Taguba Report Online Bush Tries Damage

Taguba Report Online; Bush tries Damage Control on Arab Satellite TV

The Taguba report on Abu Ghuraib prison abuse is now online at MSNBC, or at least an executive summary of it. On Wednesday, this story finally broke in the United States in a big way. On Tuesday night Koppel had Rami Khoury on, a respected Arab journalist, to talk about the impact in the Arab world. The president went on al-Arabibiya and al-Hurra but refused to do an interview with al-Jazeera. Inevitably, this fit of pique limited the impact of his message, since al-Jazeerah is the leading satellite television channel. Since Bush did not apologize, did not take responsibility, did not make anyone else take responsibility, and just talked in a vague way about investigations, I doubt his message will resonate. Even pro-American Adnan Pachachi, who tried to put the best face on the matter, said that an apology would have been helpful.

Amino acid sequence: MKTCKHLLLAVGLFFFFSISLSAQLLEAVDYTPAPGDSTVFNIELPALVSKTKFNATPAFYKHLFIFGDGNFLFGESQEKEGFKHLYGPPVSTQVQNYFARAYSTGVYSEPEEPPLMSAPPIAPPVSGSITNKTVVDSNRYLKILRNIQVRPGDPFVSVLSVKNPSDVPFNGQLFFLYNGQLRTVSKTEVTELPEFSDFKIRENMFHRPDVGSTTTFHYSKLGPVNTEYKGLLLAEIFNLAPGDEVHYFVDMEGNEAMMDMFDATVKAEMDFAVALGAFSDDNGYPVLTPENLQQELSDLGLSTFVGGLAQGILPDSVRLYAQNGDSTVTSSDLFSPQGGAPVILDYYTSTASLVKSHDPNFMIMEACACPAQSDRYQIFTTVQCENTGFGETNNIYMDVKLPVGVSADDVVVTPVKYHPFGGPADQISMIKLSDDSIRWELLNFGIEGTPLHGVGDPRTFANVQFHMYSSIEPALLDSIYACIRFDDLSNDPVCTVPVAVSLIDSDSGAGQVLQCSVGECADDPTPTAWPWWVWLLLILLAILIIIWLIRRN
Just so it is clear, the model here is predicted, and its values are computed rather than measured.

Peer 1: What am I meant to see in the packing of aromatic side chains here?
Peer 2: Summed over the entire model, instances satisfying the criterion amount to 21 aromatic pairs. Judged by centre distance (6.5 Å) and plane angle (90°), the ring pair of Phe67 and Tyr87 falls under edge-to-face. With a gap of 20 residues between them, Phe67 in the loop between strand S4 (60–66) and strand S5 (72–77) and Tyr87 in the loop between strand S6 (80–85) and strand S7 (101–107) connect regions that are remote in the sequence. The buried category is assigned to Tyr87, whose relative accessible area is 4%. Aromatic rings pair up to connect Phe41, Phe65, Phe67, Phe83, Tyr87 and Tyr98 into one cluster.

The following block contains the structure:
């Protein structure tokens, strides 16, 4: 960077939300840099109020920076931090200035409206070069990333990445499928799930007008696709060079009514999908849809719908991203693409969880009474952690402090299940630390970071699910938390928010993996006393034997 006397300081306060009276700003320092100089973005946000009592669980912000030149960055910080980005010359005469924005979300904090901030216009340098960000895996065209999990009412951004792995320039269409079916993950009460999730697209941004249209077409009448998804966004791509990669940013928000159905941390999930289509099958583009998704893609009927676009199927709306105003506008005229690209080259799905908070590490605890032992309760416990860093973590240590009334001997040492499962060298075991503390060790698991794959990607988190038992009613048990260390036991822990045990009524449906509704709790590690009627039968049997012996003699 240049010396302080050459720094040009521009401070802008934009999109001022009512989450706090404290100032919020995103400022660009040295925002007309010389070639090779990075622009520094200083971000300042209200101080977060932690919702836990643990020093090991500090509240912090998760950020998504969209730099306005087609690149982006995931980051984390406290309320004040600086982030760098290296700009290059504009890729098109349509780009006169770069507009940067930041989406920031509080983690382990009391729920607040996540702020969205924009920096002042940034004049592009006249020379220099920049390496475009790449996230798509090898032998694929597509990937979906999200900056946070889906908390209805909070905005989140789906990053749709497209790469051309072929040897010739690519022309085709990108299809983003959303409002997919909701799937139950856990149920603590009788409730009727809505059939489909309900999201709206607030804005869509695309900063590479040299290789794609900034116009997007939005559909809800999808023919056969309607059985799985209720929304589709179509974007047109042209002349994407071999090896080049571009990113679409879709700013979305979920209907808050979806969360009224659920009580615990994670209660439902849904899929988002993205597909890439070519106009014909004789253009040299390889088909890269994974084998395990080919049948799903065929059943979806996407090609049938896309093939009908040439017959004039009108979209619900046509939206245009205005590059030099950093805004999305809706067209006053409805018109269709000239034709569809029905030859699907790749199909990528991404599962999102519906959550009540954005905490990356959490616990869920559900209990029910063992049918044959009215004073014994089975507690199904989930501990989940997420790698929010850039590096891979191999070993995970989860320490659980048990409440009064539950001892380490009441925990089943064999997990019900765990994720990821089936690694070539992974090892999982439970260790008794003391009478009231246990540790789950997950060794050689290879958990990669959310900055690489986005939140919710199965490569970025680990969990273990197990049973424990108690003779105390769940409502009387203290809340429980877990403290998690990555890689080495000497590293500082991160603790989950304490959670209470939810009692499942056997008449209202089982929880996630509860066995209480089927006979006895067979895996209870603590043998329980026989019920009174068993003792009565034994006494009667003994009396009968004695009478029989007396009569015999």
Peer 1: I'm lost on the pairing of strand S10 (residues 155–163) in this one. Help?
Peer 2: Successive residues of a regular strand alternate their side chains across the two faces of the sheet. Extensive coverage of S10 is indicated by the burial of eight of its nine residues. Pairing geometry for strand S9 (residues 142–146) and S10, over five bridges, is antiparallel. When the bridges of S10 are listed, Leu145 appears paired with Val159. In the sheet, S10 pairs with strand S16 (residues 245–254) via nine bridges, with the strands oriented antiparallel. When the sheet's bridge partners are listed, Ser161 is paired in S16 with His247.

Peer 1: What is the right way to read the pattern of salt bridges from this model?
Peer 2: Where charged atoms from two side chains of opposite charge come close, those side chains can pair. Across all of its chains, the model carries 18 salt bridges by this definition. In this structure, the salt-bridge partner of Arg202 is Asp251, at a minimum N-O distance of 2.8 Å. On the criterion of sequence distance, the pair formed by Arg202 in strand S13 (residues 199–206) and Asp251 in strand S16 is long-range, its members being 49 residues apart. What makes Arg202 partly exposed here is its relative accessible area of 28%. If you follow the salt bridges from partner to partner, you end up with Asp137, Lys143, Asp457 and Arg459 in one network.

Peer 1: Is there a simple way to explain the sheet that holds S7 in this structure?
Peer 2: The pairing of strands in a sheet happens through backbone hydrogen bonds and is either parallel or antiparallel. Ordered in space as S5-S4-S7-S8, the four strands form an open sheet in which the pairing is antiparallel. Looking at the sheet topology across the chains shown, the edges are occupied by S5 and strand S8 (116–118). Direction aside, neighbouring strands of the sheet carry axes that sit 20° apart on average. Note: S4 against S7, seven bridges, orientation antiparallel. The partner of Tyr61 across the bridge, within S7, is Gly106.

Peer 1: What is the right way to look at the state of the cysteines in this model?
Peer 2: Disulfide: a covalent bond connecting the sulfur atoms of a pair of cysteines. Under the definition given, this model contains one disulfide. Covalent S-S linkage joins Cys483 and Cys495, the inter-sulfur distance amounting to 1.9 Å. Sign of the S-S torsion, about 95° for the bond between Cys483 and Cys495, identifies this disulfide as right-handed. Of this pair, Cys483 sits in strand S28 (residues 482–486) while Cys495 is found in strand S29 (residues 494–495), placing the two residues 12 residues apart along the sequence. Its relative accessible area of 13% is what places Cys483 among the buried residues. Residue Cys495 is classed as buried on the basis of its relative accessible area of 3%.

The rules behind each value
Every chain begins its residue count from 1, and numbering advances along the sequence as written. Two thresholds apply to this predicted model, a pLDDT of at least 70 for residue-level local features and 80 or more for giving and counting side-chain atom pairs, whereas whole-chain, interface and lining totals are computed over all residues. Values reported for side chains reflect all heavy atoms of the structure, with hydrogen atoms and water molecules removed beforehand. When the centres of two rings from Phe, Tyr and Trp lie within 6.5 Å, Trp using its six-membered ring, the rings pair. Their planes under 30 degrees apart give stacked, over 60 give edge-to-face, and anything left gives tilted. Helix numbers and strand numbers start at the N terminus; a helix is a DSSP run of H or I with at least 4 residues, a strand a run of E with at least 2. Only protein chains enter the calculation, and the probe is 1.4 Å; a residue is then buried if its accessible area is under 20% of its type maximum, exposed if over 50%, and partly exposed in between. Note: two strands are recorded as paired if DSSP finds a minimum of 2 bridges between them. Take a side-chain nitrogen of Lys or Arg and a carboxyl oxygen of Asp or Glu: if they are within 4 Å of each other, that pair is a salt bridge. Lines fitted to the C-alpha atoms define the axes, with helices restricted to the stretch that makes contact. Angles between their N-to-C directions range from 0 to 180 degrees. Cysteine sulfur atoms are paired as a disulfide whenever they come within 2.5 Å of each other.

A reader writes: I wonder if you have any comment on the fact that the general sent to clean up the Abu Raghib prison, Major General Geoffrey Miller, is the exact same person blamed in the Taguba Report as being the person responsible for creating the environment for abuse. According to the Taguba Report posted at msnbc, (U) The Investigating Team also reviewed the Assessment of DoD Counter-Terrorism Interrogation and Detention Operations in Iraq conducted by MG Geoffrey D. Miller, Commander, Joint Task Force Guantanamo (JTF-GTMO). From 31 August to 9 September 2003, MG Miller led a team of personnel experienced in strategic interrogation to HQ, CJTF-7 and the Iraqi Survey Group (ISG) to review current Iraqi Theater ability to rapidly exploit internees for actionable intelligence. MG Miller’s team focused on three areas: intelligence integration, synchronization, and fusion; interrogation operations; and detention operations. MG Miller’s team used JTF-GTMO procedures and interrogation authorities as baselines . . . (S/NF) The recommendations of MG Miller’s team that the “guard force” be actively engaged in setting the conditions for successful exploitation of the internees would appear to be in conflict with the recommendations of MG Ryder’s Team and AR 190-8 that military police “do not participate in military intelligence supervised interrogation sessions.” The Ryder Report concluded that the OEF template whereby military police actively set the favorable conditions for subsequent interviews runs counter to the smooth operation of a detention facility.